Magdalena Abakanowicz’s work is now on view in NMWA’s New York Avenue Sculpture Project!
At a celebration on September 30, curator and scholar Mary Jane Jacob, a renowned authority on the artist, gave a special lecture on Abakanowicz, including her body of work and her sculptures on view on New York Avenue. These pieces, including Walking Figures and abstracted birds in flight, represent some of the artist’s most iconic work.
During Jacob’s talk, she discussed Abakanowicz’s life story, particularly her youth and artistic training in Poland and her experiences during the Second World War. Jacob believes that “the past is palpably present” through the artist’s work. She talked about Agora, a large public installation in Chicago’s Grant Park that, like the Walking Figures on New York Avenue, features a group of larger-than-life, armless and headless human figures.
Through this motif in her work, Jacob said, Abakanowicz shows that “Art is able to be a means of building links between distant societies” despite differences, due to commonalities and collective memory.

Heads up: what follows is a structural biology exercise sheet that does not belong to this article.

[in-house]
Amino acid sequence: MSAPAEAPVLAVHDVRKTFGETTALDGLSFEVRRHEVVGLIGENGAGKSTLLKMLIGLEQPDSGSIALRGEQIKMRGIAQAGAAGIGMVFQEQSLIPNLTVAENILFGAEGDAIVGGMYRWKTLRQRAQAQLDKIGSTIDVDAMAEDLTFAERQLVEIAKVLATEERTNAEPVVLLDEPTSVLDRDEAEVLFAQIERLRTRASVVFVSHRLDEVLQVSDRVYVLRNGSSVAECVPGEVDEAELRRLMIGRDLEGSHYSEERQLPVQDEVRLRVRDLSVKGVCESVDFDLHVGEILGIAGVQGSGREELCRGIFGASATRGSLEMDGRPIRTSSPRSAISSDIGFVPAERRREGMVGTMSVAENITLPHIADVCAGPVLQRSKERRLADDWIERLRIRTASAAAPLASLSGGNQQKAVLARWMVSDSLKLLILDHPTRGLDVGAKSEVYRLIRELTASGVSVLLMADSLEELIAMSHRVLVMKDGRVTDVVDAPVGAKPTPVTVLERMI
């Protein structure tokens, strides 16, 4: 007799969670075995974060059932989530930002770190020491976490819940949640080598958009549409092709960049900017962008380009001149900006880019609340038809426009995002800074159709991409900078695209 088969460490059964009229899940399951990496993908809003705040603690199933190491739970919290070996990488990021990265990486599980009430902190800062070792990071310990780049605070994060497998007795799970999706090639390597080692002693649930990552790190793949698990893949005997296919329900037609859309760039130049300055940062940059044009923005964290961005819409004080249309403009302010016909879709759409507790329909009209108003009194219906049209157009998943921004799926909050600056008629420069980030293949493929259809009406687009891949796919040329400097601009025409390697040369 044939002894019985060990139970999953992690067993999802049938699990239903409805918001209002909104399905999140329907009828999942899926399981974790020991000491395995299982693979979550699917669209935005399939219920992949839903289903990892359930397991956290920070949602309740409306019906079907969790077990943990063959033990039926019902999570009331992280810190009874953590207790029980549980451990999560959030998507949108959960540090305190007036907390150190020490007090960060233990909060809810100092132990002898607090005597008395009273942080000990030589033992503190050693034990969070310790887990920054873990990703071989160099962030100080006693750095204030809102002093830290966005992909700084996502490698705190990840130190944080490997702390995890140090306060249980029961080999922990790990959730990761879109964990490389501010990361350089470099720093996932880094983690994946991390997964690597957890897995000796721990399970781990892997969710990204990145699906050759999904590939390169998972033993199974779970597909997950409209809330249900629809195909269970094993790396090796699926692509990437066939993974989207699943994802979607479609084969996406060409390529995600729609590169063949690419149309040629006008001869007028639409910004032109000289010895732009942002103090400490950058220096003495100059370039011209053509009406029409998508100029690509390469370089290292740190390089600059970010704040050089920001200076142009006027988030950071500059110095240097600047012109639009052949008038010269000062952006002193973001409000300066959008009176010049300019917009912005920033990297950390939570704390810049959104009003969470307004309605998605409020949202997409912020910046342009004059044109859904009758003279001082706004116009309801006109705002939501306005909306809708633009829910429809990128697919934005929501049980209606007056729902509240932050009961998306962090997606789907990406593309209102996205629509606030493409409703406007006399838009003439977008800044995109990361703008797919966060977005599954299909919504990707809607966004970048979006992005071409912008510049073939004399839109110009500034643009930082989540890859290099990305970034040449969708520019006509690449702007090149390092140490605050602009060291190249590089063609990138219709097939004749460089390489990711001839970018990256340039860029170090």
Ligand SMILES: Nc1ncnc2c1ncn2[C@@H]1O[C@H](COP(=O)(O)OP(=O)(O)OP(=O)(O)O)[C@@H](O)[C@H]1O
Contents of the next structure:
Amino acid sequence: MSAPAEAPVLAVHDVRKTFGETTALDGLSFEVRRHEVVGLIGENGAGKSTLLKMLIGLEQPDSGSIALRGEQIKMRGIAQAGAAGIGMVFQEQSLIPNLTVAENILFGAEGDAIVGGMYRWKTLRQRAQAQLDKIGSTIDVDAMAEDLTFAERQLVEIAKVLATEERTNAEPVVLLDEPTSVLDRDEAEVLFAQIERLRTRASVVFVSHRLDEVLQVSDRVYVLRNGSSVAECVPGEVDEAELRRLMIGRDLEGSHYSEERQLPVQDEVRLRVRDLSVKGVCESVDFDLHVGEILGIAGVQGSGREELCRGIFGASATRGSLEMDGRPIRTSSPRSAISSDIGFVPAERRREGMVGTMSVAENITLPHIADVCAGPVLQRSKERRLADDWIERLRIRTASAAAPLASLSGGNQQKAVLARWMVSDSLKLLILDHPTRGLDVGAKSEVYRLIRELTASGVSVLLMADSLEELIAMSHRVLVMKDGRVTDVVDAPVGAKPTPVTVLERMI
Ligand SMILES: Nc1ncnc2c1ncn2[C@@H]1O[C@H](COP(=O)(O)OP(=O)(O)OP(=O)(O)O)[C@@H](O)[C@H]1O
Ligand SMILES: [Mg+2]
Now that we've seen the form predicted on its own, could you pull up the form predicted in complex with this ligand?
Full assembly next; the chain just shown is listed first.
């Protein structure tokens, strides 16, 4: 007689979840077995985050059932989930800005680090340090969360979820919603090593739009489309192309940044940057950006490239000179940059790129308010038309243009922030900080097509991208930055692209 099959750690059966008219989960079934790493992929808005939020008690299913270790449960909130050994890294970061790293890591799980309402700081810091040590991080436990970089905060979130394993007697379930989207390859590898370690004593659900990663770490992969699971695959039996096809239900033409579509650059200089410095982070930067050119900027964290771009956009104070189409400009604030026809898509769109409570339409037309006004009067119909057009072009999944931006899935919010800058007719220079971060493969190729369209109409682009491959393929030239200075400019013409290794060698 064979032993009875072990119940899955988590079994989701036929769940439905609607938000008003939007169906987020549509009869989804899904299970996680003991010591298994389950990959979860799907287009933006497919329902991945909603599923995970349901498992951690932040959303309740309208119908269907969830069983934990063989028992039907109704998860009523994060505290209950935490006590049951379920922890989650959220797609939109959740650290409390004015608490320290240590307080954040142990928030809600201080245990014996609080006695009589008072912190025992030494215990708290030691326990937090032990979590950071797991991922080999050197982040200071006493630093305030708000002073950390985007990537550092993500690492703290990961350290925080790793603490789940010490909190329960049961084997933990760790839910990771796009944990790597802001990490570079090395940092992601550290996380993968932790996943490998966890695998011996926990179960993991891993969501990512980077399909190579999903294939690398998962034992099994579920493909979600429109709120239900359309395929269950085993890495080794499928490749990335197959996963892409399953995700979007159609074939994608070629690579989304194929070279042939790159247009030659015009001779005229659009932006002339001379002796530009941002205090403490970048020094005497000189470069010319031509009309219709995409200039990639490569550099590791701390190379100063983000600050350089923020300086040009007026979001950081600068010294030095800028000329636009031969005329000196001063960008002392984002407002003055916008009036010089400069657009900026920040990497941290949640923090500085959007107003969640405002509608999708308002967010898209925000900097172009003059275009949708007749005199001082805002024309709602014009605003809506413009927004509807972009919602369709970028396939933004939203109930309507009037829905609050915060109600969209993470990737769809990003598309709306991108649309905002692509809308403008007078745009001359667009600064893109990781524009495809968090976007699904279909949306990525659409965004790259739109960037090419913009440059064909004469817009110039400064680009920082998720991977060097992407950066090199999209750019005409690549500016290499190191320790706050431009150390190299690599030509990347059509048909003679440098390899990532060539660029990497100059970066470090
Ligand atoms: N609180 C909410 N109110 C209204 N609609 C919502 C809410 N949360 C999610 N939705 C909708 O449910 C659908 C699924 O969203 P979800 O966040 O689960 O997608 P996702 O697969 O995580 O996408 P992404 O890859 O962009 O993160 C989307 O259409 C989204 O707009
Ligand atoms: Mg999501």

Jacob also described the artist’s abiding interest in nature: “Restoring nature became a theme for Magdalena Abakanowicz. She grew up in nature, and she understood that in war we not only kill others, but we kill the earth. She’s always been drawn to nature.”
Abakanowicz is especially inspired by unrepeatability in nature—encountering a swarm of mosquitos, for example, the artist was fascinated by the conspicuous individual characteristics among them. Jacob said, “Among her most powerful works are her soaring birds, which take us back to nature, and to a way of thinking not just about how we exist within this natural form, but how natural form itself has amazing variety.”
—Elizabeth Lynch is the editor at the National Museum of Women in the Arts.